94 pages
ISBN 0-88971-194-1
DDC C811'.6






Reviewed by Chris Knight

Chris Knight is a columnist and a copy editor of the National Post.


Joe Denham writes about the sea in a manner at once lyrical and
refreshingly unromantic. Sixteen poems linked under the title “Night
Haul, Morning Set” describe life on a modern fishing trawler with
imagery that is full of diesel fumes and snapping lines: “I sidestep /
their pounce, daydream as they pass / of all that becomes second
nature.” The jacket says that Denham was once a prawn fisherman in
British Columbia’s Georgia Strait, confirming what the poems tell us:
One has to have lived it to describe it thus.

Other linked sets comprise the 47 poems in this volume, and if they
sometimes read like mere lists of observations, they just as often
surpass that, as in, for example, “I have grown to love slow things.
The way seconds suspend / As the sun’s upper radius sinks below the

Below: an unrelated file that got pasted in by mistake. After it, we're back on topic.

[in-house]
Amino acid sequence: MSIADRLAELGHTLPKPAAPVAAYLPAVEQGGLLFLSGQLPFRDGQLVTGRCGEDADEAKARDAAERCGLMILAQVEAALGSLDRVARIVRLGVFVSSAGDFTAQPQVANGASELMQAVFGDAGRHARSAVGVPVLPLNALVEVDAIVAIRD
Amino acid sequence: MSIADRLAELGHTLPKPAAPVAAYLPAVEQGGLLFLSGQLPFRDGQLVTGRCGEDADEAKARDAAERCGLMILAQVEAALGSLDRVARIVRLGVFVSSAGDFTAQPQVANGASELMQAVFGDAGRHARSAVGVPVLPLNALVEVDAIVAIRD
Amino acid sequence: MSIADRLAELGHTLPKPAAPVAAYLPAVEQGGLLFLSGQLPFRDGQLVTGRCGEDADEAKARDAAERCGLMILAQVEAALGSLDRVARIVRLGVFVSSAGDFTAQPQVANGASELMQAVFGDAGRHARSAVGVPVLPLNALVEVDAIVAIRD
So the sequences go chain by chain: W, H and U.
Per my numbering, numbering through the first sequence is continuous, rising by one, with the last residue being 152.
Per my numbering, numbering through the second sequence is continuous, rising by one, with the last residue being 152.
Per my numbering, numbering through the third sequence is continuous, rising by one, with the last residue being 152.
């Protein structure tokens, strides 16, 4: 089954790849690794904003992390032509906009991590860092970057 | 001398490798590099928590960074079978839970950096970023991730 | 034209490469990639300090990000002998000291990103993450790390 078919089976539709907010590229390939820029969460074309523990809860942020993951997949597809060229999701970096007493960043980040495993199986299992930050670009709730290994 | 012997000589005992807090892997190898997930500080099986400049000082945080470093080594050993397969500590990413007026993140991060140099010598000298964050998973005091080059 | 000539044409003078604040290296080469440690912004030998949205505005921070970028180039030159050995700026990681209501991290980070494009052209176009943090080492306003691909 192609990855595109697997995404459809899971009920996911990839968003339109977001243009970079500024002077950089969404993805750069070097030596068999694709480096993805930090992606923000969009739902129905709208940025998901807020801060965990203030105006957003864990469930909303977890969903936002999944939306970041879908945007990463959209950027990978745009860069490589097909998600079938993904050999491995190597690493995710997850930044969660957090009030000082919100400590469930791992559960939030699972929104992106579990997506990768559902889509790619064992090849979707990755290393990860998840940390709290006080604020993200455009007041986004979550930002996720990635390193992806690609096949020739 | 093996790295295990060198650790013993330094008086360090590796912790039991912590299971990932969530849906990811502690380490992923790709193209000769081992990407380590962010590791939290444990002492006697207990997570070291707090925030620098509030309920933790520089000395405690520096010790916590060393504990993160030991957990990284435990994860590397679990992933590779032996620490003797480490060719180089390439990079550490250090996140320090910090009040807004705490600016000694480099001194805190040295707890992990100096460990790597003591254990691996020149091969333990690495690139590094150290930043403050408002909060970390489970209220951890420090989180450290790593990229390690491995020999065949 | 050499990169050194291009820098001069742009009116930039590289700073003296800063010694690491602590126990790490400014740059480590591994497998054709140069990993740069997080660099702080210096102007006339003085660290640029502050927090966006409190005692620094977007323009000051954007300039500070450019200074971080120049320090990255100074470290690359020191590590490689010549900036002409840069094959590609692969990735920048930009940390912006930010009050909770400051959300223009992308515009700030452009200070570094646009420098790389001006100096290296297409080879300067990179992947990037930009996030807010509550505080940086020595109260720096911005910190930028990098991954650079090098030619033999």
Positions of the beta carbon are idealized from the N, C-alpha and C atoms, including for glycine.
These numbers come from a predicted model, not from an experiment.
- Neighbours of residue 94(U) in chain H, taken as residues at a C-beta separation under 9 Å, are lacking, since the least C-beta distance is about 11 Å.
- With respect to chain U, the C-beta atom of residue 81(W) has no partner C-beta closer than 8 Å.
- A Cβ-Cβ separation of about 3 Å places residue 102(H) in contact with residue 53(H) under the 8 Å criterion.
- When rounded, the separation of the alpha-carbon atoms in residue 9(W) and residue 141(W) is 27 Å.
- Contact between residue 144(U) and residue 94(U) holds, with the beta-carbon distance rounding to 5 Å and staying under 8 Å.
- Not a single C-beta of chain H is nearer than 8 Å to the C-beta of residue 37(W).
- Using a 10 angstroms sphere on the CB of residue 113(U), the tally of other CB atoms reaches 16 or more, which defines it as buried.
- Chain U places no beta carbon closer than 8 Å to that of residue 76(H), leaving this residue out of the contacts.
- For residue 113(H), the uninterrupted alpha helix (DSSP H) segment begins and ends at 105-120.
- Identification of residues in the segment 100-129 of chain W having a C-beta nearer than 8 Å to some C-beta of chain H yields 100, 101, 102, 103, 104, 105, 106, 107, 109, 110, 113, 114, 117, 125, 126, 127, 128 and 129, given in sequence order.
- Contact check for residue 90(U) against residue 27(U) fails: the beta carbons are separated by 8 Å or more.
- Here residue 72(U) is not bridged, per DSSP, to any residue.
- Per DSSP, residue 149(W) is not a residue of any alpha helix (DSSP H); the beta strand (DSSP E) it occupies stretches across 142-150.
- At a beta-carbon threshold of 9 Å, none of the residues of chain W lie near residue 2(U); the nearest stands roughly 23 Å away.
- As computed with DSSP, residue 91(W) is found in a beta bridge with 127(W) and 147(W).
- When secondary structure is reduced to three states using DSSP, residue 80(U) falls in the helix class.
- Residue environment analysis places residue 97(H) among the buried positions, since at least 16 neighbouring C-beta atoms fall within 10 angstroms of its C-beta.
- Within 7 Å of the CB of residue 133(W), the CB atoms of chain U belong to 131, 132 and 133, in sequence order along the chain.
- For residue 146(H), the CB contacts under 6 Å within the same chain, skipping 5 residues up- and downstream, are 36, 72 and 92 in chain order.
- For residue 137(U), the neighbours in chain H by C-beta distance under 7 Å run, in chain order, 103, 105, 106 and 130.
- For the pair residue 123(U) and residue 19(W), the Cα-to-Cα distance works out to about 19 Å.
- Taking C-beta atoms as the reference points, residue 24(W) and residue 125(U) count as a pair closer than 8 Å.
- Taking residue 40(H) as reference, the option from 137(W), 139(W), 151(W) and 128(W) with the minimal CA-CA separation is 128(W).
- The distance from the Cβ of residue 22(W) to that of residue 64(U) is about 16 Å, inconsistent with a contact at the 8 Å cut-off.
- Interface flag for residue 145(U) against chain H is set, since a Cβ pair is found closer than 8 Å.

island horizon.” There are even times when mere observation, by virtue
of its metaphorical ripeness, is awesome, as when two women are seen
with “to-go cups hoisted like talking sticks in their hands.”

Denham also draws heavily on the imagery of the city, and the way the
changing cityscape can create, distort, and ultimately abandon memories.
There’s a pull here between natural and artificial landscape that
gives this collection a real spark.


Denham, Joe., “Flux,” Canadian Book Review Annual Online, accessed June 21, 2024, https://cbra.library.utoronto.ca/items/show/17777.